You see, all single things find their essence in relation to a larger whole which in turn, if that which is single remains open to itself and to the world around it, may return home to its embodiment. The word is in the language, but the entire language is also in the word. In the same way, the individual is in the Creation but the Creation is also in the individual-were we only aware of it, could we only awaken from the sleep which consumes us. This mutual relation between the one and the many which I found in the little world of the music boxes is what I mean by "resonance". Precisely.
AZ: And you put that childhood discipline, that little music box world, to work in your poetry?
AK: That is possible, even probable. I loved the simplicity of the actual refrains and musical beats, which I sometimes still hear when I place my stethoscope over the heart of a poem to make sure it is healthy. Also, when I apply myself to a poem, I try to wind up as many different-how shall I put it?-to wind up as many reverberations or overtones of meaning and implication as I can while clinging to an underlying simplicity of word and cadence.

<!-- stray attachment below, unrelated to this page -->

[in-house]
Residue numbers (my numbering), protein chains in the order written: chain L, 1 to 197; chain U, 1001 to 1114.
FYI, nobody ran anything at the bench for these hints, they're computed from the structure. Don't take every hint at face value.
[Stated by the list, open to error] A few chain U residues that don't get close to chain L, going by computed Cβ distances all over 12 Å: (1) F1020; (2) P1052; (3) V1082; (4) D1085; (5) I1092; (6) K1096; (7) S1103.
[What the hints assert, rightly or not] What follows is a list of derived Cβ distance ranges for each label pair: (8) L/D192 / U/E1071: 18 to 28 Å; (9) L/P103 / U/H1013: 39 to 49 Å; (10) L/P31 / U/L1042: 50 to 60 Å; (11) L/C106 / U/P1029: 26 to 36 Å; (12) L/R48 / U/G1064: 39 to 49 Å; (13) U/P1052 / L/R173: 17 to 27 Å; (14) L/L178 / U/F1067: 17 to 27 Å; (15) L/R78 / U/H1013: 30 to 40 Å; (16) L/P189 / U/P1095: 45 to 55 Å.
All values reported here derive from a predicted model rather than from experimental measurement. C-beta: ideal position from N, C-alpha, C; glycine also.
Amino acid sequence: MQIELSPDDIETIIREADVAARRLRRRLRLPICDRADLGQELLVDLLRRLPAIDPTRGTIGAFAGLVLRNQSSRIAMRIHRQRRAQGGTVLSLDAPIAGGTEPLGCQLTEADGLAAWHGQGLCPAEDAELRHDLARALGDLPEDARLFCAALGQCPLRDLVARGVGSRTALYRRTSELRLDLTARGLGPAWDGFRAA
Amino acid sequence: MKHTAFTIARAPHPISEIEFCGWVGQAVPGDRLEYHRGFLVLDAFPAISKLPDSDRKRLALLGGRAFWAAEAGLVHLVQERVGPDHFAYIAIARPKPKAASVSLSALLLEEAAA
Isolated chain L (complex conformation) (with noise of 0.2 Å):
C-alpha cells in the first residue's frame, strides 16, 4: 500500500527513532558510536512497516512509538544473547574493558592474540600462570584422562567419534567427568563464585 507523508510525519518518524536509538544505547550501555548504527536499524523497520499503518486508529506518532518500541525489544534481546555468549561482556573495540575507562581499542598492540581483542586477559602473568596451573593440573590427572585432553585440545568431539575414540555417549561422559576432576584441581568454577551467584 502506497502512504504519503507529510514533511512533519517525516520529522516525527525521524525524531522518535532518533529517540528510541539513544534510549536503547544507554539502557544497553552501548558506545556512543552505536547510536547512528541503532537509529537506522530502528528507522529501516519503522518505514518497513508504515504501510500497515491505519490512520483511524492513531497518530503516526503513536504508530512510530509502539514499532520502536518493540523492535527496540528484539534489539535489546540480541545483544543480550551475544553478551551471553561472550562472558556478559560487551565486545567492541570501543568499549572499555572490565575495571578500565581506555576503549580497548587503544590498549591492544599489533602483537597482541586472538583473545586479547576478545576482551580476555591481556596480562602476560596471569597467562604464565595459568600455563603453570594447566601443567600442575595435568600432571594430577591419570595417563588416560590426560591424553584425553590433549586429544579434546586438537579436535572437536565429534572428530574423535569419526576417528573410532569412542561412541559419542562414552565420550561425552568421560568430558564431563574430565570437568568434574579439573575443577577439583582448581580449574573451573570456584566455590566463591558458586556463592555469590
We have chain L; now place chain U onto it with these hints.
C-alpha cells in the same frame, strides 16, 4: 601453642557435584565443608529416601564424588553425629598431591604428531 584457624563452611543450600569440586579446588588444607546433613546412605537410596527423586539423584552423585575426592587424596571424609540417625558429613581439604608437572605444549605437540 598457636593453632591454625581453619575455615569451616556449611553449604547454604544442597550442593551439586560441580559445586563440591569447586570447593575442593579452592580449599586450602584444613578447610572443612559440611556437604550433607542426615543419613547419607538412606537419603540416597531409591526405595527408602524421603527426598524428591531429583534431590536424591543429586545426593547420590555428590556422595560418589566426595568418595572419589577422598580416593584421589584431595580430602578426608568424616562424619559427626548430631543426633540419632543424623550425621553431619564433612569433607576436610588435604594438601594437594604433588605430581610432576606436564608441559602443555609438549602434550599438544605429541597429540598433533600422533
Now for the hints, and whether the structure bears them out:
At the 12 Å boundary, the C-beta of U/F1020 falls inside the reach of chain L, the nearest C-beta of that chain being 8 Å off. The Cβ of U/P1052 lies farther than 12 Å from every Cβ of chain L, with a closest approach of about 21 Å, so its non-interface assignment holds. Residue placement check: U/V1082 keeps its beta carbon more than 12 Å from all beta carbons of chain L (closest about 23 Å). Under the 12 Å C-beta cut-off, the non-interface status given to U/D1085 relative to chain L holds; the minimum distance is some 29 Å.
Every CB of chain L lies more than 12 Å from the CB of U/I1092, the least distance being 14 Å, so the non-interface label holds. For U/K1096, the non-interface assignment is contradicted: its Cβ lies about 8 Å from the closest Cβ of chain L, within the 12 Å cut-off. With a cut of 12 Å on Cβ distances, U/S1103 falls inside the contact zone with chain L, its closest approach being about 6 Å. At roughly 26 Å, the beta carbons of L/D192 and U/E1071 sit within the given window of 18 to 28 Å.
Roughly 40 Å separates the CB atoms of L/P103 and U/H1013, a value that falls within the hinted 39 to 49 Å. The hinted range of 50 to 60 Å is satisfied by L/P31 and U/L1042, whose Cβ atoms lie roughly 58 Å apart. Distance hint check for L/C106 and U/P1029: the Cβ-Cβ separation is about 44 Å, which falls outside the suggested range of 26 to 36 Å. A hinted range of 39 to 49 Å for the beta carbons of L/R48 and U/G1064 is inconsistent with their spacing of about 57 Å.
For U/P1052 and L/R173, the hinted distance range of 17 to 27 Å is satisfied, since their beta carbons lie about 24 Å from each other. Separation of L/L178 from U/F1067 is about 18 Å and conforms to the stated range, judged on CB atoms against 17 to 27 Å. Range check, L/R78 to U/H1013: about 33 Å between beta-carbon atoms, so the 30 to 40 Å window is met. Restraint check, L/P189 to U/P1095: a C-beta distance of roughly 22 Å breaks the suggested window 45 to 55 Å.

AZ: Where are those music boxes now?
AK: On my mantlepiece. I would not part with them. Occasionally, I bring one or two with me when I go out on Aspasia.
AZ: But not today, I see.
AK: I have you.
AZ: You are kind. May I ask you, out of curiosity, why you named your caique Aspasia?
AK: There are many reasons. I will say only that she has been my most influential mistress. And she is beautiful, no? Aspasia, of course, was the intellectual paramour of Pericles.
AZ: Do you then identify with Pericles?
AK: Not at all. I like the sound of the name Aspasia and I admire the woman. Would there were more like her. Pericles was able to navigate the treacherous seas of Athenian politics as well as he did owing in good measure to her affection and intelligence.
AZ: Andreas Karavis, thank you once again for your time and generosity of spirit.
AK: Please don't mention it, Anna. By the way, I know a delightful little taverna on the coast around the next headland. Would you care to join me for supper?
AZ: It would be a rare pleasure.
(translated from the Greek by David Solway)
Anna Zoumi is the assistant editor of the Greek literary quarterly, Elladas.